Considering schistosomiasis and STH, this is a fundamentally important requirement. We know we can’t control these diseases without primary prevention strategies. This important distinction for these two NTDs needs to be explicitly made, compared to many other NTDs: WASH for schistosomiasis and STH control needs to be seen as a major determinant of disease prevention. This is radically different from NTDs such as lymphatic filariasis, where WASH can be used as a treatment strategy (for example, washing of hydroceles for morbidity management). For STH and schistosomiasis, WASH is not to treat, it is to prevent.

WASH for schistosomiasis and STH control at COR-NTD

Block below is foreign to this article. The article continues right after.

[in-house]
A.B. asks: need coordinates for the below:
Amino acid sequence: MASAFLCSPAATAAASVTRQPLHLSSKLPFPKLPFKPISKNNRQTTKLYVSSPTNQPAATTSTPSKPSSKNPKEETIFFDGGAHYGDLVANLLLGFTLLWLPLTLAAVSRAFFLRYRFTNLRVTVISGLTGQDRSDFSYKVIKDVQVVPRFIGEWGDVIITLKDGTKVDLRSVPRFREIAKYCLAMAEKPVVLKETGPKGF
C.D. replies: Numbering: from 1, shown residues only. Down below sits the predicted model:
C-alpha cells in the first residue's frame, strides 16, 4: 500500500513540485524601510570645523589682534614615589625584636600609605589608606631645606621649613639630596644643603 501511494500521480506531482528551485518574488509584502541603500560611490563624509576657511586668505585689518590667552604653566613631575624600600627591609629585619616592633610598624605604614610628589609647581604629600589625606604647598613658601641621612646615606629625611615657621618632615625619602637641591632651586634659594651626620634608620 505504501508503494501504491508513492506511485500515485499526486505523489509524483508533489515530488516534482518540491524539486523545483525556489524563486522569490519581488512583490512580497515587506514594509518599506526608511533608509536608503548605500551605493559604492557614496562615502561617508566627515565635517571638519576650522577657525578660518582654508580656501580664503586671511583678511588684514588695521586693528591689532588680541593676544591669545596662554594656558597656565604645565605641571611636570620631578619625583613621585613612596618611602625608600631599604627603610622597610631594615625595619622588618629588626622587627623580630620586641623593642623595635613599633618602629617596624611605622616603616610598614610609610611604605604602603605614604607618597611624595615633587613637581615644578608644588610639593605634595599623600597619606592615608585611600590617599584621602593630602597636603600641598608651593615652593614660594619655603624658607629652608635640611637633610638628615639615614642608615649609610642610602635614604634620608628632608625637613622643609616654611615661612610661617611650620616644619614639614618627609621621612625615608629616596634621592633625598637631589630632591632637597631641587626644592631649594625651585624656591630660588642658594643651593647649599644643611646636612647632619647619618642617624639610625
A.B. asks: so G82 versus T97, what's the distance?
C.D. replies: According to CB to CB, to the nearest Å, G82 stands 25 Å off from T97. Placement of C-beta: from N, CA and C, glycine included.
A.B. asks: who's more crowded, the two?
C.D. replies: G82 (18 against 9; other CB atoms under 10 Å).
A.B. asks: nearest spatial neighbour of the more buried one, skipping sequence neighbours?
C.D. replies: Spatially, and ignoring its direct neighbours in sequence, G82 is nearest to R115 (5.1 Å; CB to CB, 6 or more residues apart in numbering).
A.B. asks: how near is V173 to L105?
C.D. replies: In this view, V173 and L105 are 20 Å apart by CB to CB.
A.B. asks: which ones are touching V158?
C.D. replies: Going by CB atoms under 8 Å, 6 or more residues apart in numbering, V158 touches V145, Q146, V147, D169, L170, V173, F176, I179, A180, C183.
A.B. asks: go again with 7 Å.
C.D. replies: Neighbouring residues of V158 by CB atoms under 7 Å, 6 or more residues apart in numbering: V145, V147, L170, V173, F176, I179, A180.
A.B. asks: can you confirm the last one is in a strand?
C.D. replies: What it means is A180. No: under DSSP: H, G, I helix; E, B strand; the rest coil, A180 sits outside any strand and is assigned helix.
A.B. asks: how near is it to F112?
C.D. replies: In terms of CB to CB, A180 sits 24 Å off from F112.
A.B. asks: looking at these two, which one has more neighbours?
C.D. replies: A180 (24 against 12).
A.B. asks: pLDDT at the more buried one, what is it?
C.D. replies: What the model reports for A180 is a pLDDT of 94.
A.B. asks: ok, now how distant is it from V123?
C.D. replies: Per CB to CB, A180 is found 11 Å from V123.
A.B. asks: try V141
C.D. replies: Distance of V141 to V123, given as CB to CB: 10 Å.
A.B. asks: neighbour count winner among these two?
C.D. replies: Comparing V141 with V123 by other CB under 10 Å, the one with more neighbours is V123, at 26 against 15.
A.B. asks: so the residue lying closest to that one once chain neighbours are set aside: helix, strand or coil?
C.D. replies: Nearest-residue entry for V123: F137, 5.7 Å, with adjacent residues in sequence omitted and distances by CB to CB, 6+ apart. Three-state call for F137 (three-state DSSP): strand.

What we focused on for COR-NTD in our discussion workshop was the importance of this prevention agenda for schistosomiasis and STH. With a strong introduction to the WHO WASH for NTD Strategy from Dr Amadou Garba (WHO), several country-specific research and NTD programme case studies were presented, as follows: Ghana (Dr Nana-Kwadwo Biritwum, National NTD Programme Coordinator, Ghana), Cameroon (Prof Louis-Albert Tchuem-Tchuenté, National NTD Programme Coordinator, Cameroon), Tanzania (Dr Steffi Knopp, Natural History Museum, UK), Ethiopia (Dr Jack Grimes, World Vision, UK), Timor-Leste (Dr Suzy Campbell, LSTM, UK), with current WASH evidence for schistosomiasis and STH summarised (Jack Grimes and Suzy Campbell). Dr Lorenzo Savioli (Chair of Executive Group, Global Schistosomiasis Alliance) then gave a compelling historical perspective of more than 30 years of PC-based control in Zanzibar (Tanzania), clearly highlighting shortcomings of STH and schistosomiasis control strategies in the absence of sufficient WASH investment. The audience of expert NTD attendees then participated in a lively discussion about evidence requirements, WASH indicators for NTDs, schistosomiasis hot-spots, more use of mathematical modelling and advanced diagnostic tests, integration challenges, and learning from other disease programmes. Key discussion points, knowledge gaps, and important next steps are summarised in the session report.